Recently, I showed you a bowl where I had used wax resist to cover up a skull design, preserving the raw white clay from the thick glazes I was using. Today, we'll try out the same technique on some underglaze painting.
In previous posts, I'd also shown you some underglaze designs I made on a series of bowls, which I then dipped in transparent glazes. These pieces didn't require any wax resist because the overall glaze was thin enough to allow the color to shine through, but I started wondering whether I could achieve a similar effect with thicker, more opaque glazes. After seeing the results of my skull experiment, I decided to try it out on a couple of bowls I had painted with cactus designs.
Like other patterns I've been using, these are based on flowers I've seen around town, some as local as the blooms on the cactus I keep outside my front door.
First, I painted over the flowers with my green wax resist. I had painted the underglaze several weeks ago, so the flowers were quite dry by this point.
After the wax had set for about an hour, I dipped my bowls in a glaze called floating blue. In its unfired state it looks like a terra cotta, but in actuality floating blue is a very dark, turquoise sort of color that's renowned in the clay studio for its ability to highlight different textures. Being such a dominant, opaque color, I figured it was as good as any glaze for experimentation. Usually I like to dip my pieces in more than one color, but this time I kept it simple because I was primarily interested in seeing how well the wax resist could hold up.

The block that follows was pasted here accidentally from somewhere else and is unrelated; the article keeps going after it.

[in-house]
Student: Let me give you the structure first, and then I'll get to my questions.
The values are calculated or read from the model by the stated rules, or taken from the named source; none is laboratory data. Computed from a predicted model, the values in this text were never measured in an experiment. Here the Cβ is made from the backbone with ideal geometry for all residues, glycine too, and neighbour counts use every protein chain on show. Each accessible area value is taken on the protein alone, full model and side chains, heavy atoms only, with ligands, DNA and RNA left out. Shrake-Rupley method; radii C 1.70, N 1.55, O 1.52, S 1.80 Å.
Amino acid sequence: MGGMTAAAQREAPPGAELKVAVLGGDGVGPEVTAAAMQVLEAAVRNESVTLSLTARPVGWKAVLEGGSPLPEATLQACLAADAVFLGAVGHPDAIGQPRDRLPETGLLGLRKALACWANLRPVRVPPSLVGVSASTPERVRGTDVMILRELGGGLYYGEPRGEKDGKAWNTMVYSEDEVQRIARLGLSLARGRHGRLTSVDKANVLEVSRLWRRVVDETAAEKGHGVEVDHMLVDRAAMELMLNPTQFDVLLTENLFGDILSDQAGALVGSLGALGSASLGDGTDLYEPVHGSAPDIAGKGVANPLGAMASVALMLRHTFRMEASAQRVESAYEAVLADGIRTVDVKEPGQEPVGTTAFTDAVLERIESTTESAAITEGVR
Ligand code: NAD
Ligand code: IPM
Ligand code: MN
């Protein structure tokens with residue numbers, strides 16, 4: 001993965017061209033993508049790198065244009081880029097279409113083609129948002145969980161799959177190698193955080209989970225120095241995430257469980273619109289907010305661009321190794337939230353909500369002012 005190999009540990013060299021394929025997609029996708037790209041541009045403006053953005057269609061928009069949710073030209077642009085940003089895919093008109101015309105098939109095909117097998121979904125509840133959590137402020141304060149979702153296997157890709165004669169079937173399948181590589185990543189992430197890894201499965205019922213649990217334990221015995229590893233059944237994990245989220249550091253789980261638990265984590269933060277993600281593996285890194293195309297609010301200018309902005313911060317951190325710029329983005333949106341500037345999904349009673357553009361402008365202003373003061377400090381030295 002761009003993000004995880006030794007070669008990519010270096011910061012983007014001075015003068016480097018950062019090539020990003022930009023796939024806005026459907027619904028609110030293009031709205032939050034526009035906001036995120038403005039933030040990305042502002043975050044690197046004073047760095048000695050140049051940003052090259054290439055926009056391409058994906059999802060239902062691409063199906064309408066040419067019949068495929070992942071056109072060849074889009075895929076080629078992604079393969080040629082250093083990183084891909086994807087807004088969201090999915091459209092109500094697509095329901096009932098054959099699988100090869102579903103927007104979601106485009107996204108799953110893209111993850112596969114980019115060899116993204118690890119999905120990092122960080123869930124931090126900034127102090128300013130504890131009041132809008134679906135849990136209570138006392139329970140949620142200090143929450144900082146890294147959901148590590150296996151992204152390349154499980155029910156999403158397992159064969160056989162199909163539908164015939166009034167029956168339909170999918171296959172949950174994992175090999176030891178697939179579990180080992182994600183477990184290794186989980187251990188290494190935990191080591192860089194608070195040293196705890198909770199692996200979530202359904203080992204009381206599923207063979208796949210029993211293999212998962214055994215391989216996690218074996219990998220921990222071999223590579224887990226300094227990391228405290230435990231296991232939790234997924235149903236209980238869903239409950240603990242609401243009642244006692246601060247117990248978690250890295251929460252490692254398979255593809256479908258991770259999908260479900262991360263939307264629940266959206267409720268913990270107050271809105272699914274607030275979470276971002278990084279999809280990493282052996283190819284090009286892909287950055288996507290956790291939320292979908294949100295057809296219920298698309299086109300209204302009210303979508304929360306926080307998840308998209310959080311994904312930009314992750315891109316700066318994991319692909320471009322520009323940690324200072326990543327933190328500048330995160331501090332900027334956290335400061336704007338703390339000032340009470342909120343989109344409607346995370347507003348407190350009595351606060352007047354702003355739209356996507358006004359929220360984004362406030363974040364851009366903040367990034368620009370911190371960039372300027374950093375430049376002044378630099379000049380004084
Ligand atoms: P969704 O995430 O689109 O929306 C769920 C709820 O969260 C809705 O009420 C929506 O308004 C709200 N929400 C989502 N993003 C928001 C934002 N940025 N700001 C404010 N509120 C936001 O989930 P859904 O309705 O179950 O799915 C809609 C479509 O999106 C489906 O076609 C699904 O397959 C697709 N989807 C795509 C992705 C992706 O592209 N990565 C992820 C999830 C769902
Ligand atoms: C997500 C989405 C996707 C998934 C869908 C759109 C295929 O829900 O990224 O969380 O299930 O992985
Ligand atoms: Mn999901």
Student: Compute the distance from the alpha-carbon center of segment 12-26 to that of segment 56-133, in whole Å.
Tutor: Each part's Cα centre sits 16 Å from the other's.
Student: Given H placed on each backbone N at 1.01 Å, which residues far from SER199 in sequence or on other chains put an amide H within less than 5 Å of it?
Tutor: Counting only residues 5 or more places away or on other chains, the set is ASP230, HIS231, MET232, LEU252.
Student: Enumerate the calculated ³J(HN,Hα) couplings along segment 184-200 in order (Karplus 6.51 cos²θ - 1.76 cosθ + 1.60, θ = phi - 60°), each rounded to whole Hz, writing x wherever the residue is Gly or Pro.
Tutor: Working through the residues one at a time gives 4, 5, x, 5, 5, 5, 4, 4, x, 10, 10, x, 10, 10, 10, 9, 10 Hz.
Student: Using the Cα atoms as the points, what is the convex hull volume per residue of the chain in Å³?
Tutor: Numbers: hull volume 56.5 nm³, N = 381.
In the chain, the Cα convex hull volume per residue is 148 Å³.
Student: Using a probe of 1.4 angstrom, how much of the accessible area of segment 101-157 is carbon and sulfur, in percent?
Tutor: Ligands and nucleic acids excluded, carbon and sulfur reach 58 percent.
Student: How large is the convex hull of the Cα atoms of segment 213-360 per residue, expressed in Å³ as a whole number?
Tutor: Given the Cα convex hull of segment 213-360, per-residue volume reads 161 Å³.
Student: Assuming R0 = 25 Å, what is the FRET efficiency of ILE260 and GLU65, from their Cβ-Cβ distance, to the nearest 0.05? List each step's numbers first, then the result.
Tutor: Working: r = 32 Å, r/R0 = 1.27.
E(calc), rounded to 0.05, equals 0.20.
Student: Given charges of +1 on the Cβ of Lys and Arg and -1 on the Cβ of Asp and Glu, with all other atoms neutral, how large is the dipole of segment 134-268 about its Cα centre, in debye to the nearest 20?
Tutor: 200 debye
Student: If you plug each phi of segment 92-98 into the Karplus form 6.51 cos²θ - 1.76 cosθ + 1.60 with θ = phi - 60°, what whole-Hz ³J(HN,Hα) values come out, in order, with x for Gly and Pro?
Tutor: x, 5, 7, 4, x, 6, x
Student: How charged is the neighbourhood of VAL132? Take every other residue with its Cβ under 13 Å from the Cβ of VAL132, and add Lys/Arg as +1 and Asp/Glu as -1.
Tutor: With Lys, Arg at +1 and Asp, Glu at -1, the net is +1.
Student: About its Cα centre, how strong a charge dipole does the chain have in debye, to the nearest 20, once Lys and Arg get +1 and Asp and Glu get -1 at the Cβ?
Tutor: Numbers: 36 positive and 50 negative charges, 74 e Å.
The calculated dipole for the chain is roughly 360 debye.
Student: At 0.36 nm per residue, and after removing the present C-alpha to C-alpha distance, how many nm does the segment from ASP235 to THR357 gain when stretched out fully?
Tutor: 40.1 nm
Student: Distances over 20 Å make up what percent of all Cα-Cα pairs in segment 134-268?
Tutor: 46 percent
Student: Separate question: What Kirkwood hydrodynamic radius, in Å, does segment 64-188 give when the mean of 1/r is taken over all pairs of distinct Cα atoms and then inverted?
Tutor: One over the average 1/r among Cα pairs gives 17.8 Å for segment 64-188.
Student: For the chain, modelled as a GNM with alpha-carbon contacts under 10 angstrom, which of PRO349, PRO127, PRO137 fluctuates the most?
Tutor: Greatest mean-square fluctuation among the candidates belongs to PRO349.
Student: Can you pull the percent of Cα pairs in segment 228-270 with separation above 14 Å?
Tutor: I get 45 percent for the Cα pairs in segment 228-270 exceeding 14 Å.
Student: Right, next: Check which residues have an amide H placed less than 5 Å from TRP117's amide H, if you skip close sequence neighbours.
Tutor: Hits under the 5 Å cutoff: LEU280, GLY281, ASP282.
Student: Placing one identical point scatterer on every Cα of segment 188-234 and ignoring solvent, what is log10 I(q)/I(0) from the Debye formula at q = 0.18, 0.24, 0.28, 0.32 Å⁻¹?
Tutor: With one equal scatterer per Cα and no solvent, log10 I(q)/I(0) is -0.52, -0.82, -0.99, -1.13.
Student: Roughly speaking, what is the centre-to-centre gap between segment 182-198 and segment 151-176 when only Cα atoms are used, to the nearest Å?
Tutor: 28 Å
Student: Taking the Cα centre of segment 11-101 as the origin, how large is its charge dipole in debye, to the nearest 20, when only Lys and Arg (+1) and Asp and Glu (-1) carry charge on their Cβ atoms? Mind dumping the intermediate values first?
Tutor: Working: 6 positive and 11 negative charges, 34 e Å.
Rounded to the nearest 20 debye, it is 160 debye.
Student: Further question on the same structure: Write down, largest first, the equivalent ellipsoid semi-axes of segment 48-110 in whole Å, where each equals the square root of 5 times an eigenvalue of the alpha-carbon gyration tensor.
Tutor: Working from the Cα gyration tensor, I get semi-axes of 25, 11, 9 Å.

After a few days, the pieces went into the kiln, and emerged looking like this:
I have to admit I'm pleased with how clearly the underglaze stands out against the floating blue. The orange flower in particular forms a striking contrast against the dark turquoise, but more importantly, the outlines of both flowers have been preserved. The wax resist really did hold up against that thick color, keeping the outlines of the flowers clean and well-defined rather than letting them dissolve into indistinct blobs.
In retrospect, I would have rubbed some black into the outlines before I painted the flowers so that the thorns would stand out better, you can hardly see them when they're white, but it's something I'll keep in mind for the future if I use this pattern again. Admittedly, I'm more interested in skulls than cactus flowers at the moment, but I'm happy that the effect turned out so well, and can add it to my color arsenal.